In the beginning stages of Common Core implementation for Mathematics, it is only natural for teachers to examine the shifts in content. We are driven to answer the question, “Exactly what skills do I have to teach?”
But if we are truly going to meet the requirements of the Common Core in Mathematics, there is a section of the CCSS that absolutely cannot be overlooked: The Standards of Mathematical Practice. These expectations focus not on the skills students must know, but rather on the processes and methods they use to approach mathematical problems.
Confession: I look forward to parent conferences. I value the opportunity to connect with families face-to-face. But discussing report cards? Ugh. After 16 years of traditional parent conferences, I decided to make a good thing even better.
Student-led conferences intrigued me. The basic concept: students lead the conferences about their academic progress. They take ownership of their learning experience, sitting at the table with parents and teachers. Older students generally share their body of work through portfolios and work samples.
But how could it look for primary students? Nine years into implementing student-led conferences with primary students, I’ve found this is the key: have students demonstrate what they can do.
Let's Chat Core Series
You’ve heard the adage: one step forward, two steps back. Sometimes I think that’s how we all feel when confronted with change, especially the kind of change that quickly gets swept up by debate, speculation, and confusion. Even though the Common Core State Standards have been met with a great deal of support and enthusiasm, there are still many myths that, unaccounted for, can skew our understanding. So, in order to keep our conversations focused and our collective purpose aligned: here are a few myths – debunked.
Technology Paves the Way for Wider Audience
In late February, Pew Internet and American Life Project published the How Teachers Are Using Technology at Home and Their Classrooms report. The results aren’t surprising:
- 92% of teacher respondents say the Internet has a “major impact” on their ability to access content, resources, and materials for their teaching;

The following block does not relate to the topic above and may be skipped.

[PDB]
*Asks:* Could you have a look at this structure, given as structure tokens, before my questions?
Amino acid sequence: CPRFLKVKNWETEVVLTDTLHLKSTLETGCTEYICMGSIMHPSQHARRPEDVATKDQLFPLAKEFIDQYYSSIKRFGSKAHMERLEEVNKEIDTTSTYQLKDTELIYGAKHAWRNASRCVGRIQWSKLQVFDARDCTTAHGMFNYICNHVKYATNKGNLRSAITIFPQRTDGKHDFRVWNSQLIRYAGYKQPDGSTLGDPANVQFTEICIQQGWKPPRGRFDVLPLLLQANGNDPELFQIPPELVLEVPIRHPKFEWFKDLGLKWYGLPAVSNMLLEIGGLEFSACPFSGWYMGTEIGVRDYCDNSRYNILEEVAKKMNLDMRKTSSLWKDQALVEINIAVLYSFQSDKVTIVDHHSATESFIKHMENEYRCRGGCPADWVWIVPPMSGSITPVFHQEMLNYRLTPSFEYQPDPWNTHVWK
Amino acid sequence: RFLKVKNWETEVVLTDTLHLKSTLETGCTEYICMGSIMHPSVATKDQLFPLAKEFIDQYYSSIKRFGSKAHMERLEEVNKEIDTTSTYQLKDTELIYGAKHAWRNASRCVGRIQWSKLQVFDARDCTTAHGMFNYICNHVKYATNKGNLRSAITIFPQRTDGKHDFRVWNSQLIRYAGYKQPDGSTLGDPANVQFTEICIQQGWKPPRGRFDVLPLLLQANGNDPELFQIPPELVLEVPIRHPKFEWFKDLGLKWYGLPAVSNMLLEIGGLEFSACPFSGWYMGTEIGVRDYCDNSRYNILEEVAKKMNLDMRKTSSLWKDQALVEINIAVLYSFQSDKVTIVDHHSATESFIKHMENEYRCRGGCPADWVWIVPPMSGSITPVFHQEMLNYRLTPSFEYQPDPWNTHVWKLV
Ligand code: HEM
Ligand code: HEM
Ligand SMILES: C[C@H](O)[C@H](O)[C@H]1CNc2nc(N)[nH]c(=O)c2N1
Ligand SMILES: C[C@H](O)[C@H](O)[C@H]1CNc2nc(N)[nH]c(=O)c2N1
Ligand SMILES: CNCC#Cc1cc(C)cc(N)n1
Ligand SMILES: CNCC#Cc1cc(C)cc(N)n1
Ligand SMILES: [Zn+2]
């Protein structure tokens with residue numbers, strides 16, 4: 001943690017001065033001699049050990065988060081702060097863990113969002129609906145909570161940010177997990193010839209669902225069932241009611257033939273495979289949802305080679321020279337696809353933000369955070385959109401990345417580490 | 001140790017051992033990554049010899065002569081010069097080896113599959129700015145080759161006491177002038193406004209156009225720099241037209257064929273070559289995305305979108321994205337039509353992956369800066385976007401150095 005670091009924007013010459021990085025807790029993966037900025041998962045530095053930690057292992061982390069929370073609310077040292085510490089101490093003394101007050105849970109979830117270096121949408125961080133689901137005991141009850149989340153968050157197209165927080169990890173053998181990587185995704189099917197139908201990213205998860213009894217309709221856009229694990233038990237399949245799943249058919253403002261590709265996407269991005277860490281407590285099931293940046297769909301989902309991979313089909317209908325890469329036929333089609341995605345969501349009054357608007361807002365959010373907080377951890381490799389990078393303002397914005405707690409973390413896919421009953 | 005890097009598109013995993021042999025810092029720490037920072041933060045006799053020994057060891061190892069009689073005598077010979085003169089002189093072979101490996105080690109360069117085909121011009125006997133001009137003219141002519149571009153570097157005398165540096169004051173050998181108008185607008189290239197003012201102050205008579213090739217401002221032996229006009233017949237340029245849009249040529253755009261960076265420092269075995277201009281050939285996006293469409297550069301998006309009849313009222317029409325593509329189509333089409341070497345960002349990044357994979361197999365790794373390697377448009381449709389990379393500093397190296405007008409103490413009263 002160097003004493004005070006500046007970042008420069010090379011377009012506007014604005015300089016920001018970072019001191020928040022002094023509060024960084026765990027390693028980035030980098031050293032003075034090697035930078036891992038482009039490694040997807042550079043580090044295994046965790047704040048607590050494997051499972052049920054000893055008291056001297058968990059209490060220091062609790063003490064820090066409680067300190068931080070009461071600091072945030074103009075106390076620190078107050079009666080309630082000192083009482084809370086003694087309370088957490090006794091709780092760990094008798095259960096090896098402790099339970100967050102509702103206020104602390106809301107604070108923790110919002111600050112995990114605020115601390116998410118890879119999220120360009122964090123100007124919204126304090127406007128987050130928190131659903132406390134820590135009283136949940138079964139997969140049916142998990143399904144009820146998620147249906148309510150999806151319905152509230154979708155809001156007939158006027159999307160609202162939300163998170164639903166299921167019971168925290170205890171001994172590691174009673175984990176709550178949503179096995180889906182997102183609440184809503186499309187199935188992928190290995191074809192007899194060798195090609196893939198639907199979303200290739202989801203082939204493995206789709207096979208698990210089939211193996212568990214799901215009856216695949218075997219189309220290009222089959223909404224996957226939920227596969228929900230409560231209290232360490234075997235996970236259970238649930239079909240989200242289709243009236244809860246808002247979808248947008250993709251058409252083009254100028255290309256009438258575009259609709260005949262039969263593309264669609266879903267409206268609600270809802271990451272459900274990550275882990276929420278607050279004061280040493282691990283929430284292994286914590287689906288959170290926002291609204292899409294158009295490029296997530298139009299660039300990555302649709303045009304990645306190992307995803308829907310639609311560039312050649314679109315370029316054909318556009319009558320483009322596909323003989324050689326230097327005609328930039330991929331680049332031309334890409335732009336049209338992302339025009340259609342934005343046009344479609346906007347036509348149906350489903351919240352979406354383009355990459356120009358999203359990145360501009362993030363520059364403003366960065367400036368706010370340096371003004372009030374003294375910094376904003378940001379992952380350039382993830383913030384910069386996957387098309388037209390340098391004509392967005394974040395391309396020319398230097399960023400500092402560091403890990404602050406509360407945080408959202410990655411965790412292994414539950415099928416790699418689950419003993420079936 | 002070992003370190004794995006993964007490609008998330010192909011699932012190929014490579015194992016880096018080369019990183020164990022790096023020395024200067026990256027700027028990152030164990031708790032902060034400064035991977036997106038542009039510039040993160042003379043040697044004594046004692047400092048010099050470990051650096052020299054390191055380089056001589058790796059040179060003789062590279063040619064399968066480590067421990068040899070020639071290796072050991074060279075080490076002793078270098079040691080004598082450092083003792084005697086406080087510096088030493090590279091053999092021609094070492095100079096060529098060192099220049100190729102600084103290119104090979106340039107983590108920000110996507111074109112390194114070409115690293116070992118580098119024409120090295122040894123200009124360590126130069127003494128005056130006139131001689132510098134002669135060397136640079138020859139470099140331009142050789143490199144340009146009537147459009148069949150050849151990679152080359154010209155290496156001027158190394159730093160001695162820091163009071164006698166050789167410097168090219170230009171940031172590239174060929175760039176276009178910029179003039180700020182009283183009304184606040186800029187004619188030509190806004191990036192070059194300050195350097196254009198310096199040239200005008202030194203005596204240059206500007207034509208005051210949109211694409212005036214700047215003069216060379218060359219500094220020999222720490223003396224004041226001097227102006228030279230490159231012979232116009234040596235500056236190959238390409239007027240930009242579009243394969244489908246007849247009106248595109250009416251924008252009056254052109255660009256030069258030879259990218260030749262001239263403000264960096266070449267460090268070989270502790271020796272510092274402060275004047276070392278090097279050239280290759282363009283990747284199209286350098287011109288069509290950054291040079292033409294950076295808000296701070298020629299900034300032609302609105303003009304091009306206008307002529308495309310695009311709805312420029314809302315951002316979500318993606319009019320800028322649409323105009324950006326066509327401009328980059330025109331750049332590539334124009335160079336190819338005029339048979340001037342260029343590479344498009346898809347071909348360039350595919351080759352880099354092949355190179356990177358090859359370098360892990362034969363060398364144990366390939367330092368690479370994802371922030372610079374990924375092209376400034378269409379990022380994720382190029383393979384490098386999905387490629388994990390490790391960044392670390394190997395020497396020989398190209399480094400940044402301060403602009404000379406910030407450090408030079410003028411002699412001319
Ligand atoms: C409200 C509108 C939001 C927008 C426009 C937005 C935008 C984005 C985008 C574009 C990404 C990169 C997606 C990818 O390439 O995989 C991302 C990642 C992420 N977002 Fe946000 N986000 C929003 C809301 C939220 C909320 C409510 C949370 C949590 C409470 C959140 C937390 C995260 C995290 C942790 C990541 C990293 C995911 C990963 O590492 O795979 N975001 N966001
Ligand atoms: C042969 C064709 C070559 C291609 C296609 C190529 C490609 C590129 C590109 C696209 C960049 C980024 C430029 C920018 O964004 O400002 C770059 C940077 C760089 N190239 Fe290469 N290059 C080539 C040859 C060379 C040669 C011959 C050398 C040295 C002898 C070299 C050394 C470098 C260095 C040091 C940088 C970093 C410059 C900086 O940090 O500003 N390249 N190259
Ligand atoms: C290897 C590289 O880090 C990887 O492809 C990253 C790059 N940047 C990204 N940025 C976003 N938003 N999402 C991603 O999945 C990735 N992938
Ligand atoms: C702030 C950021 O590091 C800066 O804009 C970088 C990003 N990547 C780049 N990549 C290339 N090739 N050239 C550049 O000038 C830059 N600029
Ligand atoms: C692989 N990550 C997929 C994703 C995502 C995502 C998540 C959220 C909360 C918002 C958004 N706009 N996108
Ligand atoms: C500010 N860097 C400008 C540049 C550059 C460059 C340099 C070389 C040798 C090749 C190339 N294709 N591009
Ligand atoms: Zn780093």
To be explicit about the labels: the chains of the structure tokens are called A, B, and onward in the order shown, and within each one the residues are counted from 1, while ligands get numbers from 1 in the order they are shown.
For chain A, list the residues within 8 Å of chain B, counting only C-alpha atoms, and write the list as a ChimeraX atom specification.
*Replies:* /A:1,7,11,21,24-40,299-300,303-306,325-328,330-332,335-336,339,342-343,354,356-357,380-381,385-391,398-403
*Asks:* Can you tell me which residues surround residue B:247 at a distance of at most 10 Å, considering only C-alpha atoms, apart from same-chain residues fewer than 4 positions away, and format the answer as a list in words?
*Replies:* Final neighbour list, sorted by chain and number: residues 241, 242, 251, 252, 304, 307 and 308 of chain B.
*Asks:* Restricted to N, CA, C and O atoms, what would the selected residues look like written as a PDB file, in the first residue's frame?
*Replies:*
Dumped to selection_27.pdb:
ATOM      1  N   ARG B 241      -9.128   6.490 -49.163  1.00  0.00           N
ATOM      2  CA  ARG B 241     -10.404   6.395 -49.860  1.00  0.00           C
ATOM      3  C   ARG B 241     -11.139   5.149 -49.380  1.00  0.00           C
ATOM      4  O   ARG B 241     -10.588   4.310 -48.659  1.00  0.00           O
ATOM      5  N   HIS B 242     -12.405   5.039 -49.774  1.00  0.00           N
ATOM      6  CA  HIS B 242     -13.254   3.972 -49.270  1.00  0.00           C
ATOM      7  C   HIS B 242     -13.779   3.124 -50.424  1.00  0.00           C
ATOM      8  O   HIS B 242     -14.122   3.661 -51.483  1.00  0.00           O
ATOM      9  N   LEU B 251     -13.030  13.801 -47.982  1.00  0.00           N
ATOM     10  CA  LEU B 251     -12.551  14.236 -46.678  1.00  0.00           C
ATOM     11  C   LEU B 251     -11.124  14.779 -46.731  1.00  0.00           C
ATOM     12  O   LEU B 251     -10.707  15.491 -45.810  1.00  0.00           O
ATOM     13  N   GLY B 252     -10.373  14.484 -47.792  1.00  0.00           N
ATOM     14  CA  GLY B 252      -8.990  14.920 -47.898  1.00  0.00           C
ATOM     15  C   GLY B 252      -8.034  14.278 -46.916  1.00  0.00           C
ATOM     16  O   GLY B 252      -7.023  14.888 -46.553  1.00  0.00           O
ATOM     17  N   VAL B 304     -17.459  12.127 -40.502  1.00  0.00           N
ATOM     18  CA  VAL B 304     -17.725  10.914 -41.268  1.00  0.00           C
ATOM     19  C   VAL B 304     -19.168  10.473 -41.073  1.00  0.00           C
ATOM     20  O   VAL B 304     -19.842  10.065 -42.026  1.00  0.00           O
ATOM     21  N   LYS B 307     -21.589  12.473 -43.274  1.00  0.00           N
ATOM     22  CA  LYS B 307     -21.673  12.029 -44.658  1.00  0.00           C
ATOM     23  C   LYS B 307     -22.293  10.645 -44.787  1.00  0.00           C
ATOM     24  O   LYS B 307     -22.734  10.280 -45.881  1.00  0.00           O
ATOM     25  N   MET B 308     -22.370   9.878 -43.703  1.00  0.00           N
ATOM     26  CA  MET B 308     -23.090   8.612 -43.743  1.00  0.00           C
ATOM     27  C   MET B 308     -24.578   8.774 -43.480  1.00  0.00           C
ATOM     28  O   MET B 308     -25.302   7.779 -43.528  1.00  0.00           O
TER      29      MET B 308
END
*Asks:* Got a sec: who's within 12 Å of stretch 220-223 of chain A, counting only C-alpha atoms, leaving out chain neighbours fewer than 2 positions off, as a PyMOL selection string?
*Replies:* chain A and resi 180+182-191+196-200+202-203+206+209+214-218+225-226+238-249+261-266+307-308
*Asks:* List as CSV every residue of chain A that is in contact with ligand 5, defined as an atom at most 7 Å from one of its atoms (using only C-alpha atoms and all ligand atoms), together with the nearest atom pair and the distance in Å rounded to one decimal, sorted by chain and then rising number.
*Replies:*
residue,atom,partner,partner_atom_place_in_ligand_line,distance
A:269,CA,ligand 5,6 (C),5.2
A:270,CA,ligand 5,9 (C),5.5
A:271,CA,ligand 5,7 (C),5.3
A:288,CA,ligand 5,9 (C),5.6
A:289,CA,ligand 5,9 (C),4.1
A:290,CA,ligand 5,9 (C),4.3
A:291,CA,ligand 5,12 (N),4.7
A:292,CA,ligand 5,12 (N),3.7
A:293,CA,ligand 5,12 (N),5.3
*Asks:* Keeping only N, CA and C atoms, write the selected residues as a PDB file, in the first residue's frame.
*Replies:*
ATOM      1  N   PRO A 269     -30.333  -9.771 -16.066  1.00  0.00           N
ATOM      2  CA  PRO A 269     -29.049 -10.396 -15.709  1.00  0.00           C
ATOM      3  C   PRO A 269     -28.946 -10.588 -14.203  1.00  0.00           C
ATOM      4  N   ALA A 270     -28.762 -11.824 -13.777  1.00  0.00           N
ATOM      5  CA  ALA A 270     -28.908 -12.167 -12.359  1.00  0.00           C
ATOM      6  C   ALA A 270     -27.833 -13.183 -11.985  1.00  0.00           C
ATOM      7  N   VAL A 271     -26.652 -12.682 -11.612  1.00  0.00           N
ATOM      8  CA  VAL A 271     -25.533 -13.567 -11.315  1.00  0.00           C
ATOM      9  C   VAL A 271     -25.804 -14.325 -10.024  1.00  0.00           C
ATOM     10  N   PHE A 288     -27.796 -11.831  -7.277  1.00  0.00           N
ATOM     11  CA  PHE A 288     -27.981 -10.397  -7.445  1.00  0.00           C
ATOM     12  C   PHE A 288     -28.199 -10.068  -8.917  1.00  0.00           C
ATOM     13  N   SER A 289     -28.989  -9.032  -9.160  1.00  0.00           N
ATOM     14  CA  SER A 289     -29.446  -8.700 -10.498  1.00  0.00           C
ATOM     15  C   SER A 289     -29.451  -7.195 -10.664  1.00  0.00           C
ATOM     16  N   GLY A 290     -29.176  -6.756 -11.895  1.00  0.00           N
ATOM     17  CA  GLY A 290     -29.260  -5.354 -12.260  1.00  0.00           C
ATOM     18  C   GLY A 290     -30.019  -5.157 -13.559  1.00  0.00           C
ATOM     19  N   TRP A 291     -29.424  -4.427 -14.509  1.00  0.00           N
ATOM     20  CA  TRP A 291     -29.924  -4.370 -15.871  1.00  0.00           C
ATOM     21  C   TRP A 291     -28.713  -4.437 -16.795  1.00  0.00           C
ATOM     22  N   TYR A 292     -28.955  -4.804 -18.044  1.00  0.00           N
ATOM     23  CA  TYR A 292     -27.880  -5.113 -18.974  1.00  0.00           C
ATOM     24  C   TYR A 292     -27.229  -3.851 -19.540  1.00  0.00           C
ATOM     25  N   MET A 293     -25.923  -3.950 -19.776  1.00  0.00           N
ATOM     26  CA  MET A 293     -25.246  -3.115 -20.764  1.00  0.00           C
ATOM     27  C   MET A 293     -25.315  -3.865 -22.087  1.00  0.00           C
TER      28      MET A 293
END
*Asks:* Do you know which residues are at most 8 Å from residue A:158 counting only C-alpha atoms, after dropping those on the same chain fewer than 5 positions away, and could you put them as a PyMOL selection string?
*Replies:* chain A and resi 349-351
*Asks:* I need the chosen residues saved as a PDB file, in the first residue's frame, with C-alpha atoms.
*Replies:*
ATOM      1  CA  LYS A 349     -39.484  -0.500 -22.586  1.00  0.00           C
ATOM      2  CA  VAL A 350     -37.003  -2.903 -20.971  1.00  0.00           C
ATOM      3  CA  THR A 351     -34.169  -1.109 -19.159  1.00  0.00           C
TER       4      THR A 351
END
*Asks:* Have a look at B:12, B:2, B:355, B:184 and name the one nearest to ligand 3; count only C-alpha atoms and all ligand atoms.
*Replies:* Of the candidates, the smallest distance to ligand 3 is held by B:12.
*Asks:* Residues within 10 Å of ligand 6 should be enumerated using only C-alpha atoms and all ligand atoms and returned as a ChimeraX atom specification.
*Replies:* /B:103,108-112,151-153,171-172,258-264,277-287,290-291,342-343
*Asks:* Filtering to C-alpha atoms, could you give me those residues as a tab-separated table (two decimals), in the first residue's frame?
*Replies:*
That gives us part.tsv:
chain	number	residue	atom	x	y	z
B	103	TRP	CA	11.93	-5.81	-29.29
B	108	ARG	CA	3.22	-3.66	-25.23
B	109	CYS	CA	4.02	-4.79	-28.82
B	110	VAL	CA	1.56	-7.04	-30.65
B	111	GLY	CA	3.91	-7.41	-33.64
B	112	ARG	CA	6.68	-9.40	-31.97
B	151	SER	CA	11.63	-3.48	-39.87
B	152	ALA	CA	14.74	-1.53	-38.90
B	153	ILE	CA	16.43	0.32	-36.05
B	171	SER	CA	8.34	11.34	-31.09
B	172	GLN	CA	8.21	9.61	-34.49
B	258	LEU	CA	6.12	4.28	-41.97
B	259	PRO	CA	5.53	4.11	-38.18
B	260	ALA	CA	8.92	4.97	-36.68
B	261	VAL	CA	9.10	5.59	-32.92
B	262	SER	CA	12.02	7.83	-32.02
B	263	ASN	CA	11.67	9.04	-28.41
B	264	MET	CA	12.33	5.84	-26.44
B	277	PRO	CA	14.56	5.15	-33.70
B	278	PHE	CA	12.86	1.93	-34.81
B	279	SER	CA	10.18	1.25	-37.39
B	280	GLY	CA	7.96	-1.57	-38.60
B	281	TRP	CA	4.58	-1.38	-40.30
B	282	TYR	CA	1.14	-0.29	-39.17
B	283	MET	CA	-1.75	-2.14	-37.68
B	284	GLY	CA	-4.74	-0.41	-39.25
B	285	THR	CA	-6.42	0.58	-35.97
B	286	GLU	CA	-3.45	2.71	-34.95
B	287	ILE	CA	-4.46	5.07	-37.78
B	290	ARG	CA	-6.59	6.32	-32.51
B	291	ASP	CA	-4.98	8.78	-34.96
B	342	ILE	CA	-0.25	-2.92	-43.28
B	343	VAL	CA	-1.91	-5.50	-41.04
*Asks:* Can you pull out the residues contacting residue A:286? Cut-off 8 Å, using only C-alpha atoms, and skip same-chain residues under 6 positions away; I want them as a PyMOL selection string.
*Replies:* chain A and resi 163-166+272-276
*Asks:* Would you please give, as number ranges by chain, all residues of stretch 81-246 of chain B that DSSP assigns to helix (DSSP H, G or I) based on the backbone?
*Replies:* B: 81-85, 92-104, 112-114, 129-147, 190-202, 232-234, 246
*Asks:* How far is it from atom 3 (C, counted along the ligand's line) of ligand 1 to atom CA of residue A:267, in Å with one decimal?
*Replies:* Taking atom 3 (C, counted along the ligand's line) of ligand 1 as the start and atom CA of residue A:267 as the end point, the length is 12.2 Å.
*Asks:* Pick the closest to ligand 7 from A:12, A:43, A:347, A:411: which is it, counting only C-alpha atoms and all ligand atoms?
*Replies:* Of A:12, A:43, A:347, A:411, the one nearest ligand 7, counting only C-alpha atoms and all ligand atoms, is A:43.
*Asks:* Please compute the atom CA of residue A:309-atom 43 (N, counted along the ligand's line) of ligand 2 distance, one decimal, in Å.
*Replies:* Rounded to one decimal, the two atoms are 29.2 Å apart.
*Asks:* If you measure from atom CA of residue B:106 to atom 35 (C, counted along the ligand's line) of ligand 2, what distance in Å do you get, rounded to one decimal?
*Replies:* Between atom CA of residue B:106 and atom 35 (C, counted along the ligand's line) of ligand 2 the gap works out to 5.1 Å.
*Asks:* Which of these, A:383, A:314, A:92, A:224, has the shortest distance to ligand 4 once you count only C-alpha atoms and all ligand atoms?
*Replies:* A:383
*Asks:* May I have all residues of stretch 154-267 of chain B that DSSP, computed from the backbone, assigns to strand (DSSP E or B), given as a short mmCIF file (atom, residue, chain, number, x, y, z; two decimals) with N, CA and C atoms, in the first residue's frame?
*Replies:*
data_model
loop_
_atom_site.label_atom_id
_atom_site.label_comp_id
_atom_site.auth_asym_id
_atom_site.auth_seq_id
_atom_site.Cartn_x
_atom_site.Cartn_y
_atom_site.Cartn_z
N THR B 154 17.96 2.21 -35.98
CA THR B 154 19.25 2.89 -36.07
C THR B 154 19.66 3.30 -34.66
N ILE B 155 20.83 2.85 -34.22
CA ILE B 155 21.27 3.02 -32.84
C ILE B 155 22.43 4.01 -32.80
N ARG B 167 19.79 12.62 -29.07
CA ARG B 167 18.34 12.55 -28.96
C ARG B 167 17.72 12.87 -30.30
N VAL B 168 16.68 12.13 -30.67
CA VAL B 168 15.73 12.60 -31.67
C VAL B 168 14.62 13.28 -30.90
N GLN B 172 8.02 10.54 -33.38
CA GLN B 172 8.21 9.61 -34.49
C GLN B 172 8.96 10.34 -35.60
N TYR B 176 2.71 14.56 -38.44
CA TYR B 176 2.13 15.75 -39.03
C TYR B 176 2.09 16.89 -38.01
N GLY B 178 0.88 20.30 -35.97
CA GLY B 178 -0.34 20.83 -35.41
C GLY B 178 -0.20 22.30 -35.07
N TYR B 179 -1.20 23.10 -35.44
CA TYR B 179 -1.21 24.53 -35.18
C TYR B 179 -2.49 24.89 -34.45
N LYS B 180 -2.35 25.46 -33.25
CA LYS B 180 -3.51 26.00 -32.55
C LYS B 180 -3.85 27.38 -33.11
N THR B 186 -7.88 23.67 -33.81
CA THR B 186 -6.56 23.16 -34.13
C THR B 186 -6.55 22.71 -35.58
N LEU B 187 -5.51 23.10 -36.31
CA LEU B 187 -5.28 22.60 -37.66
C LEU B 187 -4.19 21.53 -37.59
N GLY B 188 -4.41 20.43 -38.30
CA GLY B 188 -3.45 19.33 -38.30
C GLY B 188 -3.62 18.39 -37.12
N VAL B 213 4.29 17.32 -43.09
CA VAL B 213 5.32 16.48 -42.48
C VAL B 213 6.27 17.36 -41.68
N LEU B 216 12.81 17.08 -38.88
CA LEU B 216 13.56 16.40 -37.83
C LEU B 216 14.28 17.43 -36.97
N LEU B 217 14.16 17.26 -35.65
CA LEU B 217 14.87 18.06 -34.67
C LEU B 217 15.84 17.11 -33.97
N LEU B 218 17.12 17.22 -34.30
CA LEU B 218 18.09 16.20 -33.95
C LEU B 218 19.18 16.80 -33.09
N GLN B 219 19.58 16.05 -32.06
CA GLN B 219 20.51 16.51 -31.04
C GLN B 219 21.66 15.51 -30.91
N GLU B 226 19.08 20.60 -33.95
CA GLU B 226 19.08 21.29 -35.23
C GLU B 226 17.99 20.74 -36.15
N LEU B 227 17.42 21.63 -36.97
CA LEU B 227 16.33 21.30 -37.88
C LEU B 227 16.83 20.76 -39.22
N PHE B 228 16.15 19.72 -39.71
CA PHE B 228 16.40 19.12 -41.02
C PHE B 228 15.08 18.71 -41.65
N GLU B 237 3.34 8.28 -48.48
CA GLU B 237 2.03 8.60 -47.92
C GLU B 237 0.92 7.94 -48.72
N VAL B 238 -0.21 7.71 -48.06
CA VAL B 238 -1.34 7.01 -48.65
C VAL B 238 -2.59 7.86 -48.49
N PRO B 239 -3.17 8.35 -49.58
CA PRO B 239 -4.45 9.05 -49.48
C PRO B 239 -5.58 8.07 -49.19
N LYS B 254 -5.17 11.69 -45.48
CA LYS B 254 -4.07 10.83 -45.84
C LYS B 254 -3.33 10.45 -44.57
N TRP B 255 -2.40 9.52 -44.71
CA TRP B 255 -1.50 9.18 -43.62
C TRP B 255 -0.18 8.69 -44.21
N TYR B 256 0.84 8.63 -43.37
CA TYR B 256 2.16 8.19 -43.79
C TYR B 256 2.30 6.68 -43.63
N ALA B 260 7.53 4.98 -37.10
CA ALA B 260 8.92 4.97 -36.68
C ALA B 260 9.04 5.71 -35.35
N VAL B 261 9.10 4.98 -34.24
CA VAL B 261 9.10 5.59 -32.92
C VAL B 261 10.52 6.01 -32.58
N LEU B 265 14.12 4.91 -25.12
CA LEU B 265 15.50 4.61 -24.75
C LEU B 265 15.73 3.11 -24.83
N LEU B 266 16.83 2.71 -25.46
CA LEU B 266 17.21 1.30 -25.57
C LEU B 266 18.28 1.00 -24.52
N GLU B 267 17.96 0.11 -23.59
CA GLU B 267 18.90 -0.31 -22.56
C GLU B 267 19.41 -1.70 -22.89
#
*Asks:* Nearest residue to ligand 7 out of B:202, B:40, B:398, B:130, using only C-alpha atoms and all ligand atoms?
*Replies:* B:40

- 69% say the Internet has a “major impact” on their ability to share ideas with other teachers; and
- 67% say the Internet has a “major impact” on their ability to interact with parents and 57% say it has had such an impact on enabling their interaction with students.
It’s commendable that a majority of teachers are finding ways to bring digital tools into the learning process and help students “access content.” But now we need to work with students to create content as well.
“If we want uncommon learning for our children in a time of common standards, we must be willing to lower the voices of discontent that threaten to overpower a teaching force who is learning a precise, deliberate, and cohesive practice.” – Sarah Brown Wessling, Huffington Post, February 2013
Recently I began an occasional, but reoccurring blog on Huffington Post. My most recent post, asking if “the Common Core demoralizes teachers” created a flurry of reaction and conversation that certainly reverberated the kinds of insights, misconceptions, and questions that continue to pierce these discussions.
Given all the work Teaching Channel has done and continues to do in making the Common Core accessible to our dedicated, albeit busy, followers, it seemed quite appropriate to tease out some of the issues that surfaced in this latest post, knowing that these conversations are but a microcosm of the issues that pervade all our teaching lives.
We’re going to start our week with a celebration in the Teaching Channel office tomorrow! Around 1:15 pm this afternoon, we welcomed the 200,000th registered member to our Teaching Channel community.
To give you some perspective on this milestone—it took us 16 months to grow our community to 100,000 members, and just about five months to reach 200,000!
Why is our community growing so quickly? Because of you. It grows when you share a link to a video. It grows when you forward our newsletter. It grows when you comment on our Tchers’ Voice blog. It grows when you “like” us on Facebook. It grows when you answer a question in the Q&A section.